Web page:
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Earthquake Early Warning! New Study Examines Safety Potentials and Limits

Posted April 5, 2018

Results of scientific studies such as this can be used to design alerting strategies for earthquake early warning systems such as USGS’ ShakeAlert, now being developed for the U.S. West Coast.

This new study examines what the expected warning times could be for earthquake early warning systems by considering how long it takes an earthquake to grow in size (magnitude) compared to how long it takes earthquake waves (shaking) to arrive at a user’s location.

Modern earthquake early warning systems can monitor the evolving rupture, issuing alerts to regions expected to experience a certain level of shaking as the earthquake is occurring.  If the earthquake rupture grows, and the region impacted by ground motion expands, alerts may be updated and extended to new locations.  A person will experience very strong ground motions only if the earthquake grows to a large-enough magnitude and if the fault rupture breaks close to their location.

“Small and large earthquakes begin in similar ways, so we can’t know just after an earthquake starts how large it will ultimately become,” said Annemarie Baltay, a USGS seismologist and coauthor of the report. Consequently, earthquake early warning systems have the greatest potential benefit for people who can take protective action when warnings are issued for low levels of ground shaking. If alerts are only issued for very strong shaking, people will have less time to respond and take action.

When and if an advance warning is issued thus depends critically on the ground motion threshold set for alert notification. The time available to issue an alert depends on both a user’s distance to the rupturing fault and the minimum level of ground motion for which the user wants to be alerted.  The amount of warning time depends most strongly on the ground-motion level that is used to trigger alerts. Longer warning times are possible if alerts are issued at lower thresholds, when only weak ground motion is expected from the earthquake.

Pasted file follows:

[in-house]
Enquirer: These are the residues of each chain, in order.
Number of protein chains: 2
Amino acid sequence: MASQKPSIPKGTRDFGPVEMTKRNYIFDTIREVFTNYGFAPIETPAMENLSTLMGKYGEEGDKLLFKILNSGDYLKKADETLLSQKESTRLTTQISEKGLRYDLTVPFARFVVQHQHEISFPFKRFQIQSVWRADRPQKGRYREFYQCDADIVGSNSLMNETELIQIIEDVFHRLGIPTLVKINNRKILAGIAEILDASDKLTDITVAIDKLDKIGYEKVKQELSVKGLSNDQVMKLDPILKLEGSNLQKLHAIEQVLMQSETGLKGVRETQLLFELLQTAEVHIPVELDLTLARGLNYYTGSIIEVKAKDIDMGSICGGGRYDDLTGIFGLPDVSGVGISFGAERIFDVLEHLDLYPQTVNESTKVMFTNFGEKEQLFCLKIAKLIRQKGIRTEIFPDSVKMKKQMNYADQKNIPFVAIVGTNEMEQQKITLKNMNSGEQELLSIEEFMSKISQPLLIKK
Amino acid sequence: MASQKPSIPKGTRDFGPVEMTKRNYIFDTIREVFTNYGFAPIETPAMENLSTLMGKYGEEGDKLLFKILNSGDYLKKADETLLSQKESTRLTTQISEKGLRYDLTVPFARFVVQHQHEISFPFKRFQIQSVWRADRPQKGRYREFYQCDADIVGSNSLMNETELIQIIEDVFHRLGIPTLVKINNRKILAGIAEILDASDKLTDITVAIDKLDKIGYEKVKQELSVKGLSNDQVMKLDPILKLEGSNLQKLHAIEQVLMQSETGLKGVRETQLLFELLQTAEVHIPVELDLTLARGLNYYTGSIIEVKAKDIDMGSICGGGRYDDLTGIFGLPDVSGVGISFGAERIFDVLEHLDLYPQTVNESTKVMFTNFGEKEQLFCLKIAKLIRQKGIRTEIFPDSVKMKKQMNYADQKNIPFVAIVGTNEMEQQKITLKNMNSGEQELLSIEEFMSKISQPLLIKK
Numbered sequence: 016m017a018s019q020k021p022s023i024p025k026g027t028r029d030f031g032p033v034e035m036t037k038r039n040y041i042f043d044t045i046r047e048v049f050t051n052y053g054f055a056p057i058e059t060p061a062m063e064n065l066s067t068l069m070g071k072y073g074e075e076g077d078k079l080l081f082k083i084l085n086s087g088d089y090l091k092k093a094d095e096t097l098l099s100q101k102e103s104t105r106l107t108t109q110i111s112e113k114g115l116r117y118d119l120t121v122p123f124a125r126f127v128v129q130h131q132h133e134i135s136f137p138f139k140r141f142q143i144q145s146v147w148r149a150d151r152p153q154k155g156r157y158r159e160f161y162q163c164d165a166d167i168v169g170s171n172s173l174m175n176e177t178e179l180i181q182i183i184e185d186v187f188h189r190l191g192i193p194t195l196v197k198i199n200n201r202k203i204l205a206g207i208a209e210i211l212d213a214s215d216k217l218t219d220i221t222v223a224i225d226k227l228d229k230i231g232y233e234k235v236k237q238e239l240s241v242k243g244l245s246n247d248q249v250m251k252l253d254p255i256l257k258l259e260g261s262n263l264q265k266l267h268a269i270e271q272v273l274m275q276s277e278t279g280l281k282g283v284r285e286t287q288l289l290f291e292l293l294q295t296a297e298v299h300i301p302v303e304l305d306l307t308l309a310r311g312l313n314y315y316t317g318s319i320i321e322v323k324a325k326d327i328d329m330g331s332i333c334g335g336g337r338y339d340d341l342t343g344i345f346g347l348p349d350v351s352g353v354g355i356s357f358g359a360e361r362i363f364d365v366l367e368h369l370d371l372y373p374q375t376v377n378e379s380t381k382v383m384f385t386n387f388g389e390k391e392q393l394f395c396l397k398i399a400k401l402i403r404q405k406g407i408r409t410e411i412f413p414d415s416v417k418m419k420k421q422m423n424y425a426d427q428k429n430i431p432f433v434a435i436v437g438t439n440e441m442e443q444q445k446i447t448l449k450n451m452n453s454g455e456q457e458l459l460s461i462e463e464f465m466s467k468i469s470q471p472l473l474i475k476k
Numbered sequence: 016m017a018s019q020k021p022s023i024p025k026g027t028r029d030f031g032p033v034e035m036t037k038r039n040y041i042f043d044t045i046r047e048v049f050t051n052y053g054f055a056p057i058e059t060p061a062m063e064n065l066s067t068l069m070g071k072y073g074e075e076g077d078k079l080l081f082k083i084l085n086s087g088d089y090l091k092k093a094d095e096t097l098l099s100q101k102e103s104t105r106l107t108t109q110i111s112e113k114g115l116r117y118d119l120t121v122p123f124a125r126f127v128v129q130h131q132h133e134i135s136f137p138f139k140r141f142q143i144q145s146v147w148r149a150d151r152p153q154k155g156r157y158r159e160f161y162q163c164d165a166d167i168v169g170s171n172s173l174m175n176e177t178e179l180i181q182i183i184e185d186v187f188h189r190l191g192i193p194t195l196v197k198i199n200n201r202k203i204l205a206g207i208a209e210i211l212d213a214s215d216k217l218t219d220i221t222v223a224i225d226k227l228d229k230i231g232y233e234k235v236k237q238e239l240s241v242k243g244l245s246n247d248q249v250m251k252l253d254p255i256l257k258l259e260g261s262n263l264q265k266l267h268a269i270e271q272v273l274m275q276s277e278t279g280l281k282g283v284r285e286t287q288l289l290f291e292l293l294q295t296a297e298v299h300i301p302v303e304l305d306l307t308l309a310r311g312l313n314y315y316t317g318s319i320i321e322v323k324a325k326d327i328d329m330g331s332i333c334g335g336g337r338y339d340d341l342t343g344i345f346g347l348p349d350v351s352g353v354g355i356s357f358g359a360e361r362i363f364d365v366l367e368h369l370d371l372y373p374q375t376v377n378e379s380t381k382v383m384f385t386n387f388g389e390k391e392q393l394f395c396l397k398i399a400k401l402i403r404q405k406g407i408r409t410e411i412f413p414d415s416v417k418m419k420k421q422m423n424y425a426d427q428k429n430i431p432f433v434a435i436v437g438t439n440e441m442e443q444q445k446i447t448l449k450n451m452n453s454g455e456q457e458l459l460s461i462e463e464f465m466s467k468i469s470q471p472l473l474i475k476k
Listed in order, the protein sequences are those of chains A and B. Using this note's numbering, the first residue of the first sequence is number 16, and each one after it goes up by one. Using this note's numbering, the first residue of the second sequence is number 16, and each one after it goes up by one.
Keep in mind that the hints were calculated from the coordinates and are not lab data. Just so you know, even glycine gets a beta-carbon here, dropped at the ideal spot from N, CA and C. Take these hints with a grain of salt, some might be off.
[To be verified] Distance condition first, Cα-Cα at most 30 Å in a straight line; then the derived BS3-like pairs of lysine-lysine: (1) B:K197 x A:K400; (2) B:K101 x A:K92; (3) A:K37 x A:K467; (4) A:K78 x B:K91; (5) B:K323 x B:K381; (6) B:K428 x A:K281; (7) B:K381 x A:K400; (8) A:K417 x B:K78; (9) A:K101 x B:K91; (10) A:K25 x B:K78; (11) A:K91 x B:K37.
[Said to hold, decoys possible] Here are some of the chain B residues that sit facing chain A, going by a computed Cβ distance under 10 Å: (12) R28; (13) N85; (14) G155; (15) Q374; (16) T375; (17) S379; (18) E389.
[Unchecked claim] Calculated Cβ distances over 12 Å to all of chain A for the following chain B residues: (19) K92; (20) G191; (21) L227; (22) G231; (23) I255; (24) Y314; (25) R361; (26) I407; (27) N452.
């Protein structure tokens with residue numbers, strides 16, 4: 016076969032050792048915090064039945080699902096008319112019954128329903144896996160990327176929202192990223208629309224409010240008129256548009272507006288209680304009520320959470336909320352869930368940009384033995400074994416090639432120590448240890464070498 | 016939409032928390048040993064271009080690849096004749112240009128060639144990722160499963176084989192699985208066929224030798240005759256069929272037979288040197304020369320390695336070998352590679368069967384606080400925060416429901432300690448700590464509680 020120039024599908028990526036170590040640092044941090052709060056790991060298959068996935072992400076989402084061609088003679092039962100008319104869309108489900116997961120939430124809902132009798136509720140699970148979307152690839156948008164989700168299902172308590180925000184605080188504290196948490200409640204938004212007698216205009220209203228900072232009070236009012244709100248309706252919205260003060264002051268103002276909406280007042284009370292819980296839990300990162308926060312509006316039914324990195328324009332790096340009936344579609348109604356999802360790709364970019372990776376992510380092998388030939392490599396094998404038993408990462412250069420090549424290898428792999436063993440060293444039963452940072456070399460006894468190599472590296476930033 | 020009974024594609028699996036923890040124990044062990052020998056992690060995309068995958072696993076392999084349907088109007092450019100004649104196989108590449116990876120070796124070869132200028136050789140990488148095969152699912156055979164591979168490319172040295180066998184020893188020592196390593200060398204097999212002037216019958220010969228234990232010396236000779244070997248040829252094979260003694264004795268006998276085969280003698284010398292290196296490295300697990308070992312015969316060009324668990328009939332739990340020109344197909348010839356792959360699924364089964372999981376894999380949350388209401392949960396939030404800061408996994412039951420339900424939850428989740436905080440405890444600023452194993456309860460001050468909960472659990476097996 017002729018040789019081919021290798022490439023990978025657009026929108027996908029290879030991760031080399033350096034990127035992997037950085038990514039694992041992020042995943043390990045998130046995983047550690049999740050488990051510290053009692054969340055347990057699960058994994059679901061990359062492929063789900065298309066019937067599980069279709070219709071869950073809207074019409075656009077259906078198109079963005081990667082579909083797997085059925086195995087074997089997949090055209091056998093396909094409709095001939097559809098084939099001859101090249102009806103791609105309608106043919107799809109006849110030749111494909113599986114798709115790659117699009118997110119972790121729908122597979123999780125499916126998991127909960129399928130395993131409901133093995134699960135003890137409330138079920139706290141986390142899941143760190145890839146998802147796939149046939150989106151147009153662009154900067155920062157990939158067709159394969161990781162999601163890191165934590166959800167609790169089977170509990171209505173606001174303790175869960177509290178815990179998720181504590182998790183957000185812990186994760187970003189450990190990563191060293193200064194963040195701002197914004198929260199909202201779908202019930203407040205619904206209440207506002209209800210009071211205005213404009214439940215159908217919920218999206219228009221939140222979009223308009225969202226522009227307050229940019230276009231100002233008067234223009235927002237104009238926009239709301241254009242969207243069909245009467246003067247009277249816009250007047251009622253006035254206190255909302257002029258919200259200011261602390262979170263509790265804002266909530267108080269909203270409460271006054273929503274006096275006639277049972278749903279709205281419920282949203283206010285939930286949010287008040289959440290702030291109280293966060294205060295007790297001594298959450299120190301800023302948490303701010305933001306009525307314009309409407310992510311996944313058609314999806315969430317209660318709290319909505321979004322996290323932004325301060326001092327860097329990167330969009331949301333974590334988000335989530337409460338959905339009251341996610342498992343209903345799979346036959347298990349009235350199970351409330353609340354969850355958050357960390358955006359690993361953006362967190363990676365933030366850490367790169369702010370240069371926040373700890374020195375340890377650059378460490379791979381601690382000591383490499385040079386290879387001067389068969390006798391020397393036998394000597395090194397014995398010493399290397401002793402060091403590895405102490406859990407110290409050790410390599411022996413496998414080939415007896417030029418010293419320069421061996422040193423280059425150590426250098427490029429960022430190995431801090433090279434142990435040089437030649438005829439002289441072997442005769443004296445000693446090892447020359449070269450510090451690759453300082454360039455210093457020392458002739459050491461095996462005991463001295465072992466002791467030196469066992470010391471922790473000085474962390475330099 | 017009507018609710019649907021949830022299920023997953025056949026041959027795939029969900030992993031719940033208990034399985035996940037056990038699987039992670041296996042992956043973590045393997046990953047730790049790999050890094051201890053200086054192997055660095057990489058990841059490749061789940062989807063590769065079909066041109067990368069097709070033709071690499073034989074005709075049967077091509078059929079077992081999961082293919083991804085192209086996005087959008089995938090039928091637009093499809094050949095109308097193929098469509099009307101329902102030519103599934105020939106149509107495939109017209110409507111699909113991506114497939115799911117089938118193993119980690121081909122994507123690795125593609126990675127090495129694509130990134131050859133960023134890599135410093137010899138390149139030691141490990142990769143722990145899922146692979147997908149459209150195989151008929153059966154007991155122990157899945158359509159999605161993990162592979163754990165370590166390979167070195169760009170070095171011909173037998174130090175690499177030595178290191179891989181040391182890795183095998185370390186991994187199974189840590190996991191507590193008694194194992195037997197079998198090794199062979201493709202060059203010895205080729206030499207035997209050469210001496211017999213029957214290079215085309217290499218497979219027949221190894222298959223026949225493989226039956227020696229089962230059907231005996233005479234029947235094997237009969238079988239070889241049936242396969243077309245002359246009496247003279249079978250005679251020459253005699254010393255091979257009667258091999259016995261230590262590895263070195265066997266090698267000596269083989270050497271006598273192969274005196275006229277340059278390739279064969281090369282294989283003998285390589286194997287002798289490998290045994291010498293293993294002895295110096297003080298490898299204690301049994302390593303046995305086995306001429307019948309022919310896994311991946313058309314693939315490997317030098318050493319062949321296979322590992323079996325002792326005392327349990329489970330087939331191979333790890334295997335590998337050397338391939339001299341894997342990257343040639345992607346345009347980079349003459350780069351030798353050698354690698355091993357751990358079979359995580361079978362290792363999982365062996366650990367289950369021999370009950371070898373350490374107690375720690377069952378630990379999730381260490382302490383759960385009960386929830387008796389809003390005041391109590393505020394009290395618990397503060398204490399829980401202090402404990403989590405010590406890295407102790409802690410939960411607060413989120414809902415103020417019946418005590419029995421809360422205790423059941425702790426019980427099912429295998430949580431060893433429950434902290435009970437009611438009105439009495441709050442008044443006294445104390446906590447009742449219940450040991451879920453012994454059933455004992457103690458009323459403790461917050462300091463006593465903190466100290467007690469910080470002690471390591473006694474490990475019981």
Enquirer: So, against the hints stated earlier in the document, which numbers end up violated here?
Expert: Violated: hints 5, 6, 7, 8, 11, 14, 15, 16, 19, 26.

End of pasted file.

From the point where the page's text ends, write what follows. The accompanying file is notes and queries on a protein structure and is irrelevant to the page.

“Using the example of an earthquake on the San Andreas Fault, that starts in northern California and ruptures toward San Francisco, alerts issued when just light shaking is expected in San Francisco could provide warning times as long as about 48 seconds in advance of when the earthquake shaking is felt there,” said Elizabeth Cochran, a USGS seismologist and coauthor of the report. “In contrast, if you wait to alert San Francisco until very strong shaking is anticipated, only 8 seconds of warning are possible.”

The authors noted that if users are willing to receive alerts and take safety actions even when it is unlikely the ground shaking will grow to become damaging, they are more likely to receive timely information they can act on. In contrast, if users prefer to limit alerts to events during which ground motion is expected to be very strong, then warning times will be short, or perhaps even arrive too late to act.

“The conundrum,” noted USGS seismologist and lead study author Sarah Minson, “is that little earthquakes are much more common than big ones. You could get much longer advance warning if you take action to protect yourself as soon as an earthquake begins and not wait to see if that earthquake happens to grow large enough to cause potentially damaging shaking.”

Alerts for weak shaking could help provide effective response training for when a bigger, damaging earthquake eventually occurs. “There are many low-cost actions that can be taken even when scientists can’t forecast the final strength of an earthquake. This includes drop-cover-hold-on; slowing down trains to prevent high-speed derailments; putting down hazardous work materials, such as chemicals or saws; backing away from warehouse racks and other fragile structures in ‘big box’ stores; and so on,” said Men-Andrin Meier, a Caltech seismologist and coauthor of the report.

The full report, “The Limits of Earthquake Early Warning: Timeliness of Ground Motion Estimates,” was published in “Science Advances,” and is available online.

Source: USGS

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